(BH 165, Harlow Art Trust, repr. Hodin 1961, pl.165), the monumental figure group commissioned for the Festival of Britain (1951). In contrast, the use of wrought iron may be compared with the work of other British sculptors, particularly Reg Butler. Between 1947 and 1952 Butler, a former blacksmith, produced sculptures of forged iron, most notably Birdcage, 1951 (English Heritage on loan to South Bank Centre, repr. Sandy Nairne and Nicholas Serota eds. British Sculpture in the Twentieth Century, 1981, p.129). Hepworth knew him personally and admired his work above that of his contemporaries; she told Herbert Read: 'His figures have a nervous energy which is sculpturally valid. Many of the younger people are just quite simply neurotic in their approach and create a nervous disintegration' (letter dated 13 May 1952, Sir Herbert Read Archive, University of Victoria, B.C.). Hepworth also used bent iron rod in Apollo, 1951 (BH 167, Barbara Hepworth Estate, repr. Penelope Curtis and Alan G. Wilkinson, Barbara Hepworth: A Retrospective, exh. cat., Tate Gallery Liverpool 1994, p.95), a work conceived for the 1952 Old Vic production of Sophocles's Electra. This, however, was distinct from the rods of Form in Tension
as it was painted a silvery colour.
It seems likely that the two versions of Apollo
and Form in Tension
were produced around the same time, which may be borne out by the artist's dating of this work as 1951-2. It is not clear why the artist gave Form in Tension
this expansive dating, though in the catalogue of her 1952 exhibition all the carvings were listed under 'Sculptures, 1951-2'. If the works were listed chronologically, Form in Tension, which was second after Group I, 1951, may have been completed in 1951. On the other hand, the two dates may suggest that the iron rods were added slightly later.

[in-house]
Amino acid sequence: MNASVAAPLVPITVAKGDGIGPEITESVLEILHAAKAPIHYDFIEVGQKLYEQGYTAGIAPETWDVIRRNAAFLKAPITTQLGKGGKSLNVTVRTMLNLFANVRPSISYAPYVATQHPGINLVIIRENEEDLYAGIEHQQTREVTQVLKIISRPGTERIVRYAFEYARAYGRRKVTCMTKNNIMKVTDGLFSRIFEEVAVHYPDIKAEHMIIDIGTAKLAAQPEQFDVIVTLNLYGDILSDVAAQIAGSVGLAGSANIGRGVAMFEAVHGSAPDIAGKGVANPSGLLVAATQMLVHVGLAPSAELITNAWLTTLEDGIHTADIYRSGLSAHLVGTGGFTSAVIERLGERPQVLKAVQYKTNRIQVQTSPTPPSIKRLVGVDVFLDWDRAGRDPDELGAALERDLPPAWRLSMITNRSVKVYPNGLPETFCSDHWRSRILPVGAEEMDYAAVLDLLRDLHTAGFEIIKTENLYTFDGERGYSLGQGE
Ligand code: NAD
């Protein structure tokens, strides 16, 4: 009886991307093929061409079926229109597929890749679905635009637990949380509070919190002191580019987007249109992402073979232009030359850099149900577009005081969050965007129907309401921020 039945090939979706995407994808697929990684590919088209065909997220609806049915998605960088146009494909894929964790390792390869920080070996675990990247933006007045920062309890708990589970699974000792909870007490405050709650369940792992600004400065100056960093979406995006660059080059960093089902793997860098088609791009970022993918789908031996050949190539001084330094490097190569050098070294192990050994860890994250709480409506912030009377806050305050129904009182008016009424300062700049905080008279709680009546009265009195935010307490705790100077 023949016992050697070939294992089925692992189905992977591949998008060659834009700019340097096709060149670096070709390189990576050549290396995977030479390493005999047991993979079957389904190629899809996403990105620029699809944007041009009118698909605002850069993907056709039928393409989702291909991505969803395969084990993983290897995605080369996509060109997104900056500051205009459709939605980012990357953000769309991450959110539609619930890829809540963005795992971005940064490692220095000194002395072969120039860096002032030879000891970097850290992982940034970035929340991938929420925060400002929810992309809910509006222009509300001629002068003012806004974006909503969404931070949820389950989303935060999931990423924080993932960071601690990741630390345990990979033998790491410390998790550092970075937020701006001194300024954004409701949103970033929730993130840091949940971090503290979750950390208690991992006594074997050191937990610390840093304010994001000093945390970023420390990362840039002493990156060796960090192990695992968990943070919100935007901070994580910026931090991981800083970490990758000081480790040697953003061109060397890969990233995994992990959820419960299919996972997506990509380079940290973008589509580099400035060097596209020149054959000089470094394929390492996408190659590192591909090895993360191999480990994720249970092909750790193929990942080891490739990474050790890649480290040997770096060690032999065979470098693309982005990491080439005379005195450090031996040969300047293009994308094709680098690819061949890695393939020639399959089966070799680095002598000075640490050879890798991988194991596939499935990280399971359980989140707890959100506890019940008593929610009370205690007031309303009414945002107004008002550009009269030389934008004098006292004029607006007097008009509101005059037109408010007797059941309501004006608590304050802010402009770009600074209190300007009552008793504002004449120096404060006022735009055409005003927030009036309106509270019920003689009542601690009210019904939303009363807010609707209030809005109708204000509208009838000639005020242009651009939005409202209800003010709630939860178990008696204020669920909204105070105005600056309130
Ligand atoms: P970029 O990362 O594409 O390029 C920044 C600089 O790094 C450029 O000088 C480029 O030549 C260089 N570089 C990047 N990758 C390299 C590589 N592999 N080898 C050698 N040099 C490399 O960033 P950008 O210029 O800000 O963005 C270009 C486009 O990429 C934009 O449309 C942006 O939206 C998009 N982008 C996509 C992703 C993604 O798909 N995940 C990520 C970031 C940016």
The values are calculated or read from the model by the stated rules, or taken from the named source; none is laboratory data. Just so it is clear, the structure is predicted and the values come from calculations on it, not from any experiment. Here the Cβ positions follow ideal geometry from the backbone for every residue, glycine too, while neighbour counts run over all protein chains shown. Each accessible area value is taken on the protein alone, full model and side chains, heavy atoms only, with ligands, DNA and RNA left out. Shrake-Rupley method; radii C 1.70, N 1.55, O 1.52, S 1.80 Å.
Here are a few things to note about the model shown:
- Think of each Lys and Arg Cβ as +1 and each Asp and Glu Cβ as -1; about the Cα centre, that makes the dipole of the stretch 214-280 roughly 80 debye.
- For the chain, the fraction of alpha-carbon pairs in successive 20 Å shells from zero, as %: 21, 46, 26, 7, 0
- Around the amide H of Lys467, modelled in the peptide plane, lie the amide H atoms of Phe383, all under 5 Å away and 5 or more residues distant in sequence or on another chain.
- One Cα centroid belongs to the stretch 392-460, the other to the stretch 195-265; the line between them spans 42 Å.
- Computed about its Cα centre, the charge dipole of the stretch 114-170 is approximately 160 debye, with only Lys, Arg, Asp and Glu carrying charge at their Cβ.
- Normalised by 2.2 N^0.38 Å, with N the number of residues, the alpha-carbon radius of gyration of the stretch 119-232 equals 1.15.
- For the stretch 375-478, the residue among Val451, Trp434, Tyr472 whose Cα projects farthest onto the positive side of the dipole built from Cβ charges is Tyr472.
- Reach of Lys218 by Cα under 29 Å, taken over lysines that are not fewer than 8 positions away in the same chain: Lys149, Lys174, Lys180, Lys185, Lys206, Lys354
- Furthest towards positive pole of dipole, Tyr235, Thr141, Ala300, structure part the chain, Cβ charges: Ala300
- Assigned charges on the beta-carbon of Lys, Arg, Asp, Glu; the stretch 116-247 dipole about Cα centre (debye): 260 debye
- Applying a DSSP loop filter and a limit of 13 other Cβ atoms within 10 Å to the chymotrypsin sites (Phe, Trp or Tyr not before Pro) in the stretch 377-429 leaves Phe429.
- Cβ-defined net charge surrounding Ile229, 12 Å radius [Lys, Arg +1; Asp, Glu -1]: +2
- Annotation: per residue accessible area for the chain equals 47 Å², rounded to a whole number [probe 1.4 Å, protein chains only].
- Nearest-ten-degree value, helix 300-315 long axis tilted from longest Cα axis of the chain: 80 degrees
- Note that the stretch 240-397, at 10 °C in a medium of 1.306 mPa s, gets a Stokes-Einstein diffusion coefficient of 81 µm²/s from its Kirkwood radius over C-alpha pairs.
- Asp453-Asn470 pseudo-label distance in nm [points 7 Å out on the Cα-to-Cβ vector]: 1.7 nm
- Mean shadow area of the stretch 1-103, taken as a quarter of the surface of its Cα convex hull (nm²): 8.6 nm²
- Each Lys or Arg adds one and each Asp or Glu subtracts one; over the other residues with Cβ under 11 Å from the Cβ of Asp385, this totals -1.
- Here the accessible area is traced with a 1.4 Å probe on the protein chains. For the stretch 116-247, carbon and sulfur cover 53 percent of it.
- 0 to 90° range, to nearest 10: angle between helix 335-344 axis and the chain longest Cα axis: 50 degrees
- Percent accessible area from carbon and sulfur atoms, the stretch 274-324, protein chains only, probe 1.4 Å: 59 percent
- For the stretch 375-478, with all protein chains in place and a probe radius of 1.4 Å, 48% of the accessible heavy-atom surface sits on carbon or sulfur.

Unusually for that period, Hepworth developed Form in Tension
from a maquette, which is made of plaster and lead wire and is listed in her catalogue as Maquette for Garden Sculpture
(BH 170, Kettle's Yard, University of Cambridge, repr. artist's unpublished album, TGA 7247.21). The central form is different in the model as a result of the nature of the material: it is more matt in finish, lighter in weight and has a more organic shape than the stone. In addition, it has three metal elements which arc around the main form, the lowest of which was omitted from Form in Tension. The production of a maquette marks a distinction from Hepworth's carvings (Apollo
was also made from a bent-wire maquette) in its suggestion of a constructive production process. Its title may reflect the original conception of Form in Tension, which was exhibited outside at Varese in 1953, was displayed in Hepworth's garden and was one of the first works to be photographed with St Ives parish church as a backdrop (Read 1952, pl.156). It seems likely, however, that the artist called the model Maquette for Garden Sculpture
in view of those photographs. It may also be significant that Priaulx Rainier, the South African composer to whom Hepworth gave the maquette, helped her to design the garden.
It has been suggested that Form in Tension
and its maquette might be compared to images of atomic structures in which electrons orbit, diagrammatically, a nucleus (Matthew Gale, Catalogue of the Kettle's Yard Collection, forthcoming). The atom and atomic power were dominant concerns at the beginning of the 1950s. Forms based upon atomic structure were a leitmotif of much of the design at the South Bank site of the Festival of Britain, where Hepworth's Contrapuntal Forms
was a major feature. As Gale points out, 'the atom was a heavily loaded sign' (ibid.) at a time when anxieties over the war in Korea were heightened by the explosion of two nuclear bombs in the Nevada desert in January 1951 and the first testing of the hydrogen bomb in the Pacific in the following May. The delicate balance of the leaning block, alluded to by the title Poised Form, may be seen to contrast with the 'tension' of the original sculpture and its title.